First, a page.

Breakout Player for 2015-16: Ryan MacInnis, F, Kitchener Rangers (OHL)
The Kitchener Rangers entered this season in a bit of a transitional phase, and expectations were fairly low. However, Ryan MacInnis had other plans, leading the team in scoring with 25 goals and 37 assists en route to a playoff bid. There, MacInnis continued to put up points, again leading the way as the Rangers bowed out to London in six games. He recently signed his entry-level contract with the Coyotes, as the team rewarded him for a solid season. MacInnis blends a mix of size, speed, intelligence and puck possession and will be a player to watch moving forward.
Most Improved Prospect: Christian Dvorak, F, London Knights (OHL)
The 2013-14 season was a difficult one for Christian Dvorak, as the power forward struggled with injuries, chemistry, and icetime with the Knights. Following a 14 point season, many were wondering just exactly why the Coyotes used a second-round pick on Dvorak last summer. Well, that was just a microcosm of what was to come. Dvorak scored an astonishing 41 goals and 68 assists this season, a 95 point improvement from the year before. He earned significant icetime in London, sometimes playing with fellow Coyotes prospect Max Domi, but more often paired with 2015 draft-eligible Mitch Marner. He was dynamic with and without the puck, a major contributor on special teams, and a key cog in London’s attack as clearly the most improved player in the system.
Overachiever: Dysin Mayo, D, Edmonton Oil Kings (WHL)
At just 18 years old, Dysin Mayo already has a WHL Championship and Memorial Cup victory under his belt. So what would make him an overachiever this season? Well, a major step forward with his offensive game has put Mayo near the top of the Coyotes defensive prospects list. Mayo played in all 72 games this season for Edmonton, marking career highs in goals with 14, assists with 37, and penalty minutes with 75. Mayo isn’t easily rattled, and displayed a calm, composed nature with the Oil Kings, leading a younger squad back to the playoffs.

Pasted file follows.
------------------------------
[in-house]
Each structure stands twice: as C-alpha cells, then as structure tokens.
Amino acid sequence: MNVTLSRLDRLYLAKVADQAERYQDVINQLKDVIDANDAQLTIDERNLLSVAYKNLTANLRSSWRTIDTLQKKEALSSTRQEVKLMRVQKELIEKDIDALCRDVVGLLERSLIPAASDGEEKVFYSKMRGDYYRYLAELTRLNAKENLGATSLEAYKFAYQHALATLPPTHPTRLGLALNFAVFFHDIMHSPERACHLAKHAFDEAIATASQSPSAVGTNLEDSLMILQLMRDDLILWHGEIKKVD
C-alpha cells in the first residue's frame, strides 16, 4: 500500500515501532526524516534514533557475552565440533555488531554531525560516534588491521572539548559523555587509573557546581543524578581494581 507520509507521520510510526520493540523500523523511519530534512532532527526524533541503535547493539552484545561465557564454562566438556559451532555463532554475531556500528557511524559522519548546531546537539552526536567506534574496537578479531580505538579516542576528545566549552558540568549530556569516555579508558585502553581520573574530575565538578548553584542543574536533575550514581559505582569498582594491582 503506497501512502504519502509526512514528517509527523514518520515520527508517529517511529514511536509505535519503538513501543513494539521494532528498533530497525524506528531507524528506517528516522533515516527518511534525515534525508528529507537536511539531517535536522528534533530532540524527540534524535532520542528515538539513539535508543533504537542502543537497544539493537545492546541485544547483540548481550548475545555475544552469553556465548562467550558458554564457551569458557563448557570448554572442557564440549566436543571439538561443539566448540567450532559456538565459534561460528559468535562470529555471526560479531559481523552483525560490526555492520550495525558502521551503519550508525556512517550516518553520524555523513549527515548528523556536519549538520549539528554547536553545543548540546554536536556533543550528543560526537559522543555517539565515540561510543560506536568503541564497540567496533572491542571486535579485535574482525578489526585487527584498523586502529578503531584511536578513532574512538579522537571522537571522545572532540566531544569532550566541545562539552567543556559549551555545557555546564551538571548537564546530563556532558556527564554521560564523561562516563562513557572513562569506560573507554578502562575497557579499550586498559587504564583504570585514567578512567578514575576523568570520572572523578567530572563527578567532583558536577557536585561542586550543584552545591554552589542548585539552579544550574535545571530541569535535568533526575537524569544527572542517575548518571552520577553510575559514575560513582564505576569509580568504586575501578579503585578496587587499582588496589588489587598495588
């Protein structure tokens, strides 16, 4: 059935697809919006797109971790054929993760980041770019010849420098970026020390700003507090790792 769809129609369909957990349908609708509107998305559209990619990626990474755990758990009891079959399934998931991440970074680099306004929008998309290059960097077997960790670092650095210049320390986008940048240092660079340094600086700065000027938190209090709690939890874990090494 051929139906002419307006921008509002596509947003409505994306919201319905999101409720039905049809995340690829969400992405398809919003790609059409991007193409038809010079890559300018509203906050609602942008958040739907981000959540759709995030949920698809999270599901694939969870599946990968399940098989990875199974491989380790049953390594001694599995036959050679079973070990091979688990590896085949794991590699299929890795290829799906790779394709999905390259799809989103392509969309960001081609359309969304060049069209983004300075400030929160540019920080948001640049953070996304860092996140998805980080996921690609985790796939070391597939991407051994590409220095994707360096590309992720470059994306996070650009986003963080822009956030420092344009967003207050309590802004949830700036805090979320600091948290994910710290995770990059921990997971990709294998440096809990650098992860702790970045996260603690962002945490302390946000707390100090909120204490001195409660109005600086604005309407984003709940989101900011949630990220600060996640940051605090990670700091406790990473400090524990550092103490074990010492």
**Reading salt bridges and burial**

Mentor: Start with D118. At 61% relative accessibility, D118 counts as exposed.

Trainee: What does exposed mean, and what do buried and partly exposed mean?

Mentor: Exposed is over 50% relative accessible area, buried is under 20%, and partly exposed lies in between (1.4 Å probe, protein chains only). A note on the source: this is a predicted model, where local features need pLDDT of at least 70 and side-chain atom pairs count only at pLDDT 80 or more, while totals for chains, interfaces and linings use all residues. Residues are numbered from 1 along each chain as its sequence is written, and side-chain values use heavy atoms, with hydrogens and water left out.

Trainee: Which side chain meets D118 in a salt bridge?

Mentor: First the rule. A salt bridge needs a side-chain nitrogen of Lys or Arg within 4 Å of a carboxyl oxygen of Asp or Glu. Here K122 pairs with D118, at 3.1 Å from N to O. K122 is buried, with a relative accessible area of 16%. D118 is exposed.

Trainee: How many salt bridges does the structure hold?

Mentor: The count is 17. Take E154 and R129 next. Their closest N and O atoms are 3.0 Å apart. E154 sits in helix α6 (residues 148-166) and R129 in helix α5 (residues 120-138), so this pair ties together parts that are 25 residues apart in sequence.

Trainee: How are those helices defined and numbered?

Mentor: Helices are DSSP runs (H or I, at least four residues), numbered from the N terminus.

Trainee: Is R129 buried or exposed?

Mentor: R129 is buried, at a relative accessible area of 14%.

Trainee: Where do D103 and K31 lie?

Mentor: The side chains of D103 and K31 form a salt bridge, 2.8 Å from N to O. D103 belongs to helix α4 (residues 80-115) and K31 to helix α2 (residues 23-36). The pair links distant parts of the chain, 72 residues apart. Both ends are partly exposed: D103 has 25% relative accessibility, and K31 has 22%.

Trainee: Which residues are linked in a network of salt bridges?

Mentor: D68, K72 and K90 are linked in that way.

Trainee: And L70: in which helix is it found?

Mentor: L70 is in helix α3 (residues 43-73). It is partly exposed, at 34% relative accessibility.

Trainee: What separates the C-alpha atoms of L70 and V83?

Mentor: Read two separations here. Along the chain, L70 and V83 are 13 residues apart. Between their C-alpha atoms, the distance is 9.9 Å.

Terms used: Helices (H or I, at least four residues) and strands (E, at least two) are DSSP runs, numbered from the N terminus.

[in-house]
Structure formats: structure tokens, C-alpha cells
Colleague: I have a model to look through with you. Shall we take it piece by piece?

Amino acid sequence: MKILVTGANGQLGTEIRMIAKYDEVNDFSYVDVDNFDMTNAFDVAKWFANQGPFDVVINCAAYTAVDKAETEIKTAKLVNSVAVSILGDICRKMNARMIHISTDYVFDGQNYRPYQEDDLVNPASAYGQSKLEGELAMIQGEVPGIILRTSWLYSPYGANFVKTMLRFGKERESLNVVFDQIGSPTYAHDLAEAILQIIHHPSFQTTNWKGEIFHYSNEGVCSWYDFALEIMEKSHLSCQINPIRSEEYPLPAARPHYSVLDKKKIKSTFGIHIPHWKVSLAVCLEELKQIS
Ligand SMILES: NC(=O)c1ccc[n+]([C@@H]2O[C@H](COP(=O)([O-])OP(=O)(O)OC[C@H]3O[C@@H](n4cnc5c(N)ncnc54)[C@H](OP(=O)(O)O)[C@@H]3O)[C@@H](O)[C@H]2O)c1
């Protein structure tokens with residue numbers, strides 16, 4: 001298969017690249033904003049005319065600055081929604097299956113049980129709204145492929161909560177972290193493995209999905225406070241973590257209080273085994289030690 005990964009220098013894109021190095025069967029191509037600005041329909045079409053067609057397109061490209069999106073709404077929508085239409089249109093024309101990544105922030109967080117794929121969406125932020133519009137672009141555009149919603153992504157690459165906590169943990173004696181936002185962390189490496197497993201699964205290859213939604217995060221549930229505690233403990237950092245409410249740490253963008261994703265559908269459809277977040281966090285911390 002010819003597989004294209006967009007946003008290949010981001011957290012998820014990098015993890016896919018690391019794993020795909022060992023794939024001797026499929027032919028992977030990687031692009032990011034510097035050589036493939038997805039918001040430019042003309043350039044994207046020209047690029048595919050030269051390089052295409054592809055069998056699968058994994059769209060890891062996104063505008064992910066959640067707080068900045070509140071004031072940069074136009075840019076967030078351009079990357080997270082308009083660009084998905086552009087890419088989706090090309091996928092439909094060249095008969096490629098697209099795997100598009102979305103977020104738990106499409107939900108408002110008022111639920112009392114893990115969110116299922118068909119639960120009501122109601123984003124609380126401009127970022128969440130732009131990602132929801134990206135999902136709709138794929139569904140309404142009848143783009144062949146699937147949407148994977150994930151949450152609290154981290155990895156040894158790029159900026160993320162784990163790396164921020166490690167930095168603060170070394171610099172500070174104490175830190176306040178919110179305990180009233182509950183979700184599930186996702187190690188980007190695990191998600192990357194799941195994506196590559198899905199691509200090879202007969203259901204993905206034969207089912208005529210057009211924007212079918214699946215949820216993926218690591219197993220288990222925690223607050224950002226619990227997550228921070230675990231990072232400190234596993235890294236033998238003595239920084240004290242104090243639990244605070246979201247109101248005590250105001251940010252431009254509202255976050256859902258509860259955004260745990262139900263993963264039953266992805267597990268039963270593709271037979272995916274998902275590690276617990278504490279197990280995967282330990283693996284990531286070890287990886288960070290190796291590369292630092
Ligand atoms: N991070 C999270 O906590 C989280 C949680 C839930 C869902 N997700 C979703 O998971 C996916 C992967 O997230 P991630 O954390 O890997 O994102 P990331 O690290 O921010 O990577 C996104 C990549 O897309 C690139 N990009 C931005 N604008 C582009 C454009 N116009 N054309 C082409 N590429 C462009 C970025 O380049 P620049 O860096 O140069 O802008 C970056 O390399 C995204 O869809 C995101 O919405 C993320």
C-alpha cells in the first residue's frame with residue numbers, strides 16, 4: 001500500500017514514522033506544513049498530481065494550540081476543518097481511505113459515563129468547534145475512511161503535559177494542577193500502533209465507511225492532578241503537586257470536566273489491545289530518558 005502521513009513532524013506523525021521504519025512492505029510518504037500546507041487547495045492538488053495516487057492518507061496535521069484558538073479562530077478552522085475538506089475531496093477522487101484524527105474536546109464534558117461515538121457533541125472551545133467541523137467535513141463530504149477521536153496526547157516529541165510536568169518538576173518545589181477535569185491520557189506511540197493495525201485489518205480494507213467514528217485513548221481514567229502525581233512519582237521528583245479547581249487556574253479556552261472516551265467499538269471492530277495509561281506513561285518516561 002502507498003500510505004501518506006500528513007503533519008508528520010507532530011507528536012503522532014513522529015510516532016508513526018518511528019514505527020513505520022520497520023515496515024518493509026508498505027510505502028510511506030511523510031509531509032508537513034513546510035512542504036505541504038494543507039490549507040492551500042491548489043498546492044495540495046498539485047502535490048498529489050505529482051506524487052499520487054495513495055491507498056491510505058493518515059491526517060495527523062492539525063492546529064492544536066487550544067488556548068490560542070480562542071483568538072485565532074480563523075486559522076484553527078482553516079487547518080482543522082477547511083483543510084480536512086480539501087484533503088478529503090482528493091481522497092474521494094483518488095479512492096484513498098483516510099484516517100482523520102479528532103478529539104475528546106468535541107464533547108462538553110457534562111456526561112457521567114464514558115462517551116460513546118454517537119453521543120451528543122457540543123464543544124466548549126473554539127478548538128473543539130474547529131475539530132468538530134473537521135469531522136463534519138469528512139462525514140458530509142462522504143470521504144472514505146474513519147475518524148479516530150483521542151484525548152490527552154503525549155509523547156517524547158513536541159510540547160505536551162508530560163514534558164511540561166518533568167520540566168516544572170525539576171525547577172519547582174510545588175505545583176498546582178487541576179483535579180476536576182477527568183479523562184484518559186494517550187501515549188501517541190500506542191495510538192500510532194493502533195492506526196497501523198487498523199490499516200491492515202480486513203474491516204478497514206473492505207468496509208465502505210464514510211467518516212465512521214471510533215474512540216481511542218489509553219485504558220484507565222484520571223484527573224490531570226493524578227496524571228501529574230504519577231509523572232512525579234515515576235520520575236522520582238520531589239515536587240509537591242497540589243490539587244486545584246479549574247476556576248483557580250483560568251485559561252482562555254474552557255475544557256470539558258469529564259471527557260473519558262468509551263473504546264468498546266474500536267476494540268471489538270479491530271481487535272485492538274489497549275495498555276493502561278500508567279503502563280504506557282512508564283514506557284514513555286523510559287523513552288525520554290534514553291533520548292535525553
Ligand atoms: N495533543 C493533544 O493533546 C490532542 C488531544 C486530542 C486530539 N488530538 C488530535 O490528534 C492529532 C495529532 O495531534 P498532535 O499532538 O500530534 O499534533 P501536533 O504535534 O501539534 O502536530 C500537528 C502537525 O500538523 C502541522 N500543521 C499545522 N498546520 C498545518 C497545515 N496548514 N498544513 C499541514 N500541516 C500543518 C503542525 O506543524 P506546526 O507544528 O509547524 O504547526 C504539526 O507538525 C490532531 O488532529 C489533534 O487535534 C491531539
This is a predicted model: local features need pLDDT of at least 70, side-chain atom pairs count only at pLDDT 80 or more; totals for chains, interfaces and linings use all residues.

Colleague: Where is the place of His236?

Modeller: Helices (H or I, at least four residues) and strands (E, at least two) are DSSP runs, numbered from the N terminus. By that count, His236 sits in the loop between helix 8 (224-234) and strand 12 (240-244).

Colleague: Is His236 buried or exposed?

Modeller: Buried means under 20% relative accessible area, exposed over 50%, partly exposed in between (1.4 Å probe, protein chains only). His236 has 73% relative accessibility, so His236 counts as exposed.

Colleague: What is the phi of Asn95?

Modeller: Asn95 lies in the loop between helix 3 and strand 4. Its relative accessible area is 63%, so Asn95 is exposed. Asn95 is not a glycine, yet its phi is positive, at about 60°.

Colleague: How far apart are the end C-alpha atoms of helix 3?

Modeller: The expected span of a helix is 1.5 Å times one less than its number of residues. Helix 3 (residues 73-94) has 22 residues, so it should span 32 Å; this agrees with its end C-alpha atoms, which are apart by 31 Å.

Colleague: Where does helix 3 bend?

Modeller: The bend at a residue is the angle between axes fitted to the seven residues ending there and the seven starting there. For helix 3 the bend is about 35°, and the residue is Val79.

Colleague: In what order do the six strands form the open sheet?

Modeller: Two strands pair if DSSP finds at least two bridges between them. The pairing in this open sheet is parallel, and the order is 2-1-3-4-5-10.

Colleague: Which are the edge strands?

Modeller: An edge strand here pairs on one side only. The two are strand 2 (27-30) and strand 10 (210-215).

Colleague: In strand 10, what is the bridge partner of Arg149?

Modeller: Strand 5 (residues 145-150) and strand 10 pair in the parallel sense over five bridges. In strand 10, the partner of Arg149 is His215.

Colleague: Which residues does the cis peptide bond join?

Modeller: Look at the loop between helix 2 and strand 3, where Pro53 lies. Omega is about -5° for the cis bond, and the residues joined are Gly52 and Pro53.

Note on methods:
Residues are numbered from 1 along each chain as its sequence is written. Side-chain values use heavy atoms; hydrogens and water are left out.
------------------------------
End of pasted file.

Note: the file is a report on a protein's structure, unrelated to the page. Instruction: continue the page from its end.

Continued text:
Underachiever: Anton Karlsson, F, Frolunda (SHL)
Heading into this season, Karlsson was presented with an opportunity to play in the OHL with the Erie Otters, and he declined that chance in favor of returning to Sweden to play for Skelleftea. There, he was merely a point-per-game player with their SuperElit junior team, before a bout of homesickness struck and he was released from his contract. To no one’s surprise, Karlsson quickly resurfaced with Frolunda, the organization in which he developed. Karlsson only had two assists in 15 SHL games, and disappointed with Sweden’s WJC team, again posting only two assists in seven games. Karlsson’s a clear bottom-six forward, and after signing a two-year extension with Frolunda, questions remain whether he is serious about a career in North America.
Highest Risk/Reward Prospect: Mark Visentin, G, Did Not Play in 2015
Mark Visentin felt a twinge in his ankle early in training camp this season, and as the weeks went by, his confidence waned. Visentin never regained full motion in his ankle, and he opted to have surgery, ending his 2015 season before it even began. The former first-round selection has unceremoniously been passed on the depth chart by Louis Domingue and may soon have to fend off Marek Langhamer and Brendan Burke. However, Visentin’s history and clear ability to play the position leaves the Coyotes with a prospect that can either grab the reins, or one who will tumble into obscurity.
Arizona Coyotes Prospect of the Month
Henrik Samuelsson became the first Arizona native to play in the NHL, making his debut this season with the Coyotes. His dad, former NHL defenseman Ulf Samuelsson, ending up coaching against him as an assistant with the New York Rangers. The game was a reward for a season’s worth of hard work, as the younger Samuelsson has been impressive with the Portland Pirates.
The month of March was good to Samuelsson, which saw the Pirates propel themselves back into playoff contention with an 8-2-2 month. Part of their success was due in part thanks to Samuelsson, who scored four goals and six assists in those contests with a +8 rating. Playing on a line with AHL veteran Alexandre Bolduc and fellow prospect Jordan Martinook, Samuelson’s two-way game elevated those around him as the trio maintained their defensive responsibilities.